The Great Smoky Mountains are located on the border of Tennessee and North Carolina and run from the Pigeon River to the Little Tennessee River. The range is home to Great Smoky Mountains National Park, which was established in 1934 and now hosts over 11 million visitors per year.
The Great Smoky Mountains are part of an International Biosphere Reserve and have been designated an UNESCO World Heritage Site. Within the region, there are approximately 187,000 acres of old growth forest, the largest of its kind east of the Mississippi River. It is home to hardwood forests as well as spruce-fir forests, which are ideal habitats for black bears. The Great Smoky Mountains host the densest population of these bears in the eastern US. Interestingly, the forests are also home to the most diverse salamander population outside the tropics.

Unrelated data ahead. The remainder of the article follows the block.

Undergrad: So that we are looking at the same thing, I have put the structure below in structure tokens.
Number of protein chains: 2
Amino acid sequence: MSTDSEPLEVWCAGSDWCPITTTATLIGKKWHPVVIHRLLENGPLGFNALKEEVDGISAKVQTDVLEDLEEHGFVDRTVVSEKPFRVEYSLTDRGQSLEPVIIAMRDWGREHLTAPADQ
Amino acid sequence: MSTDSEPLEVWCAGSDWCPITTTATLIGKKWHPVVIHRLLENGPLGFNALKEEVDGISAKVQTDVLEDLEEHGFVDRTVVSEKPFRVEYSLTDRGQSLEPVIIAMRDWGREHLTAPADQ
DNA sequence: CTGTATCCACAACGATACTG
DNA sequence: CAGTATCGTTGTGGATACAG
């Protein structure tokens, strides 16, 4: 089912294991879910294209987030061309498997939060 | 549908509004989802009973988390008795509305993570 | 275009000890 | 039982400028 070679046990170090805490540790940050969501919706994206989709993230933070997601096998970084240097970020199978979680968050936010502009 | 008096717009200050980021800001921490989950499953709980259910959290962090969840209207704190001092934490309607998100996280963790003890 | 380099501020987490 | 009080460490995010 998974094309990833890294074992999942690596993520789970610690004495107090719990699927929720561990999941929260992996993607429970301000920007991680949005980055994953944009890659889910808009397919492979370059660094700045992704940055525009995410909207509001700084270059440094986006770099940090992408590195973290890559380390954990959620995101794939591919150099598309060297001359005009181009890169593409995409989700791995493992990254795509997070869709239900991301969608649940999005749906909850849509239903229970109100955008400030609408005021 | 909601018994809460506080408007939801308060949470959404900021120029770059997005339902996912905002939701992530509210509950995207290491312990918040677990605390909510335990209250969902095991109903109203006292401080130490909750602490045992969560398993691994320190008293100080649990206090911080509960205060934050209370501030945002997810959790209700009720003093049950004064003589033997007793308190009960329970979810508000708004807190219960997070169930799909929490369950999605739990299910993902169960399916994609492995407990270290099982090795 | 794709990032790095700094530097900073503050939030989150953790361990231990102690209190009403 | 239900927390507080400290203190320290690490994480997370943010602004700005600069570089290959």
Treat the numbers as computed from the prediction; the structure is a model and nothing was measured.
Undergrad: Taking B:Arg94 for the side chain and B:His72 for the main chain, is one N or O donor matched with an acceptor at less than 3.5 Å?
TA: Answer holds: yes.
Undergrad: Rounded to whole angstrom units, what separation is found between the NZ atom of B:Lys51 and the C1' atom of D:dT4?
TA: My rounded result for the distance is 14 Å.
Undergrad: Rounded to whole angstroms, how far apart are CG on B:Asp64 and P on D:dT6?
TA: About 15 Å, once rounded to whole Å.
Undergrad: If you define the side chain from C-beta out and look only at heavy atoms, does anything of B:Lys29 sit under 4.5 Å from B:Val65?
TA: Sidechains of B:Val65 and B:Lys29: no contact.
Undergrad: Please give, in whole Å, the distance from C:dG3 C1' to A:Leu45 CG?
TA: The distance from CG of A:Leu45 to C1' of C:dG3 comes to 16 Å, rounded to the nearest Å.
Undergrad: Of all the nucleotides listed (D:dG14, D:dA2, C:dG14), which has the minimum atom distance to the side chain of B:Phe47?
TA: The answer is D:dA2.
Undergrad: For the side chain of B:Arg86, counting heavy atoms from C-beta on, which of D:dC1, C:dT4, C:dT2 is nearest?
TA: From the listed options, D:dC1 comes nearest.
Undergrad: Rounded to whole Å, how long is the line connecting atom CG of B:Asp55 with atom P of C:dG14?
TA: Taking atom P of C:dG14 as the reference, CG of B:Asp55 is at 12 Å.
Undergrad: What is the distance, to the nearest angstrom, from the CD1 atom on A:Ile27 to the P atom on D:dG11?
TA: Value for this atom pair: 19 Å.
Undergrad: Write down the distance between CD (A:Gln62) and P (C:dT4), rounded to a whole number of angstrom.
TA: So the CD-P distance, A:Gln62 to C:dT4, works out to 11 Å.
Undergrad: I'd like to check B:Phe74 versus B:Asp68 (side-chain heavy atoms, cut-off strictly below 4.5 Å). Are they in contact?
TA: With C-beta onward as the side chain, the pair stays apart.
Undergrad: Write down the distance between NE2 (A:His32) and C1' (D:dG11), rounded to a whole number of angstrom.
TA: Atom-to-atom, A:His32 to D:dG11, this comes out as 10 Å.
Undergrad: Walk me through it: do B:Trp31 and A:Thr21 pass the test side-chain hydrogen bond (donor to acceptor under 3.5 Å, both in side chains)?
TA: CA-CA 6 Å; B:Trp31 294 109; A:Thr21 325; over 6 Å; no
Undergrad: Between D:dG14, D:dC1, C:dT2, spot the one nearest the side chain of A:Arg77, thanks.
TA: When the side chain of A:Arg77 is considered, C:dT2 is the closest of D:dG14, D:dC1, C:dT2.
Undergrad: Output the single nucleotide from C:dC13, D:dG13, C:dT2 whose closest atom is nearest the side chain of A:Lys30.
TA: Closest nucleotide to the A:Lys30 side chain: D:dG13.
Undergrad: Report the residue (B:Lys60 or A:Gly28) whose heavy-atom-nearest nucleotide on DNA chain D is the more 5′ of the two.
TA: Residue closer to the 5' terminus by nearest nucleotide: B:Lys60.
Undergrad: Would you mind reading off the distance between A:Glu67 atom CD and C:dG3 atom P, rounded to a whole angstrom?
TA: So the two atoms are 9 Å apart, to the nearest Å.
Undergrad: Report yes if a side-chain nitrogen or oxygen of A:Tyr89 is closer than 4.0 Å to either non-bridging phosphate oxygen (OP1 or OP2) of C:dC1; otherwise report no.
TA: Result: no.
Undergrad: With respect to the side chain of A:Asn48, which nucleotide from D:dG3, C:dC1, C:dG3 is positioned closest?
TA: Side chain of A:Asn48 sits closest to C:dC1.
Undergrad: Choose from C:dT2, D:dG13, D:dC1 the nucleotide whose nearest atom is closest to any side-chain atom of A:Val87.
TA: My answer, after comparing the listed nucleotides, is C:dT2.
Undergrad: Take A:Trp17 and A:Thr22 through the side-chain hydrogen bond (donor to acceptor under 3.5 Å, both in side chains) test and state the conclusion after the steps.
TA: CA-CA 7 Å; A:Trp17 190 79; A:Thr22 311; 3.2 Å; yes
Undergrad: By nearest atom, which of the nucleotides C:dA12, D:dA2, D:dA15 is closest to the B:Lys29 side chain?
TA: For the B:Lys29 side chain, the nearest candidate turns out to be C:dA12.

The Great Smoky Mountains earned their name from the mist and fog that usually blankets the valleys and other lower elevations. This is due to the heavy annual rainfall the mountains receive and the relatively warm temperatures. Combined with sunrises and sunsets, the "smoke" makes for beautiful views visitors don't soon forget.